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A high level of energy efficiency is particularly important nowadays. More and more homeowners are relying on the installation of modern heating systems, not only for environmental protection but because heating costs can often be reduced significantly by taking appropriate measures. The investments therefore pay for themselves after a more or less short period of time.
Especially when retrofitting older heating systems in old buildings, switching to condensing technology can bring great benefits, and the existing heating system can continue to be used to a large extent. But what is the difference between net calorific value (NCV) and gross calorific value (GCV)?
If you as a home owner or builder research the possibilities of installing or upgrading modern heating systems, you inevitably come across the terms net calorific value (NCV) and gross calorific value (GCV), often without more detailed explanations of what they mean.
Even in some personal consultations, the contractors sometimes assume that customers are already familiar with the subject. At WOLF you can rely on receiving excellent advice.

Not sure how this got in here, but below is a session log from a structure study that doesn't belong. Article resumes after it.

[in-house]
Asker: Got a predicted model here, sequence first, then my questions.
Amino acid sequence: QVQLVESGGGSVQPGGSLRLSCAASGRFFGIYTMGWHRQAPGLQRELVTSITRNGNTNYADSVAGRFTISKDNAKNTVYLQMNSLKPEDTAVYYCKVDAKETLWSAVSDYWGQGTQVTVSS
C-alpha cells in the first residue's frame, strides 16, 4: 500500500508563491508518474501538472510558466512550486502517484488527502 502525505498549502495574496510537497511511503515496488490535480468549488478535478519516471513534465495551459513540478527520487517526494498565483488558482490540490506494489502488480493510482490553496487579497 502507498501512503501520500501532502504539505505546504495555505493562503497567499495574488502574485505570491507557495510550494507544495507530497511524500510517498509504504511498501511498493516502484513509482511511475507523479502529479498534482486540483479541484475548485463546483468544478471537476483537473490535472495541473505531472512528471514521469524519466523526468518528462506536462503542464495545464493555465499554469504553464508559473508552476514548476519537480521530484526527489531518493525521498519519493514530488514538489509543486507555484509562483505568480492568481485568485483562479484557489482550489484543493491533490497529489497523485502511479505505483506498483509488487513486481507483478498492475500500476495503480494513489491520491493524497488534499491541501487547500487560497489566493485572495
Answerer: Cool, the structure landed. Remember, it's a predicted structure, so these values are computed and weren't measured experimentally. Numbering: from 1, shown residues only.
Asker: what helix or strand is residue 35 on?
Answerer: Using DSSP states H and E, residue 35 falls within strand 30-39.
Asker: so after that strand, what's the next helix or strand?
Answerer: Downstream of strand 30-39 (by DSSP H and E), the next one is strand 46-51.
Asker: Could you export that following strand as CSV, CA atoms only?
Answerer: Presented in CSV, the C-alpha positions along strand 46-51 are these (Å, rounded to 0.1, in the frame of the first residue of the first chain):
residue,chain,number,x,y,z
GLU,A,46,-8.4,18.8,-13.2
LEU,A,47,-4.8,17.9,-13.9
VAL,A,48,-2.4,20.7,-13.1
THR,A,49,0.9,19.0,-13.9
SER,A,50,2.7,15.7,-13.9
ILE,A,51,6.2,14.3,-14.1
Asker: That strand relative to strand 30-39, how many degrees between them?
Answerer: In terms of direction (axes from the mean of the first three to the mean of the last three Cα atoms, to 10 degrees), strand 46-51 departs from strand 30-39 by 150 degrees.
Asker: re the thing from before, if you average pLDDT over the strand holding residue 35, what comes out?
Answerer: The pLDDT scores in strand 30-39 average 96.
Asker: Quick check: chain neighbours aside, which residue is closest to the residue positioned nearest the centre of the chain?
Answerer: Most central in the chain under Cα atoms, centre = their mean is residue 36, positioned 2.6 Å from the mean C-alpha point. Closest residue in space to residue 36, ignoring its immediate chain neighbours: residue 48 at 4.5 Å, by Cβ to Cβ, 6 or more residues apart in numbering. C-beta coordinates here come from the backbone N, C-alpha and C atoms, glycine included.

Regardless of whether it’s oil heating, gas heating, heat pumps or solar thermal: If you have specific questions or requests, the WOLF hotline will be happy to help you.
While the NCV only reflects the energy content of a fuel, the GCV indicates how much thermal energy can be obtained in total by the heating system. Condensing technology uses the energy of the combustion gases to generate additional heat.
The higher the NCV and GCV, the better for energy efficiency. Conventional heating technology, on the other hand, allows the exhaust gases to escape into the atmosphere without using their thermal energy.
In a conventional boiler, only the net calorific value of the respective fuel is used, regardless of the source material. This applies to both old constant temperature systems and low temperature boilers.
Heating industry professionals speak of dry combustion because condensation of water vapour contained in the exhaust gases is prevented. Relatively high temperatures are required for this, which is why the exhaust gas temperature is significantly higher with pure net calorific value systems.
In the case of condensing technology, in addition to the net calorific value, the energy that is released when the exhaust gases are cooled is also used. We know this from other systems such as the refrigerator or the cooling system in a car: heat exchangers extract heat from the coolant and thus lower the temperature.
A similar effect is used in condensing boilers. When water vapor transitions from the gaseous to the liquid state, heat is released. If this is condensed in the heating system, the waste heat can be used efficiently. This additional heat in turn enters the heating circuit.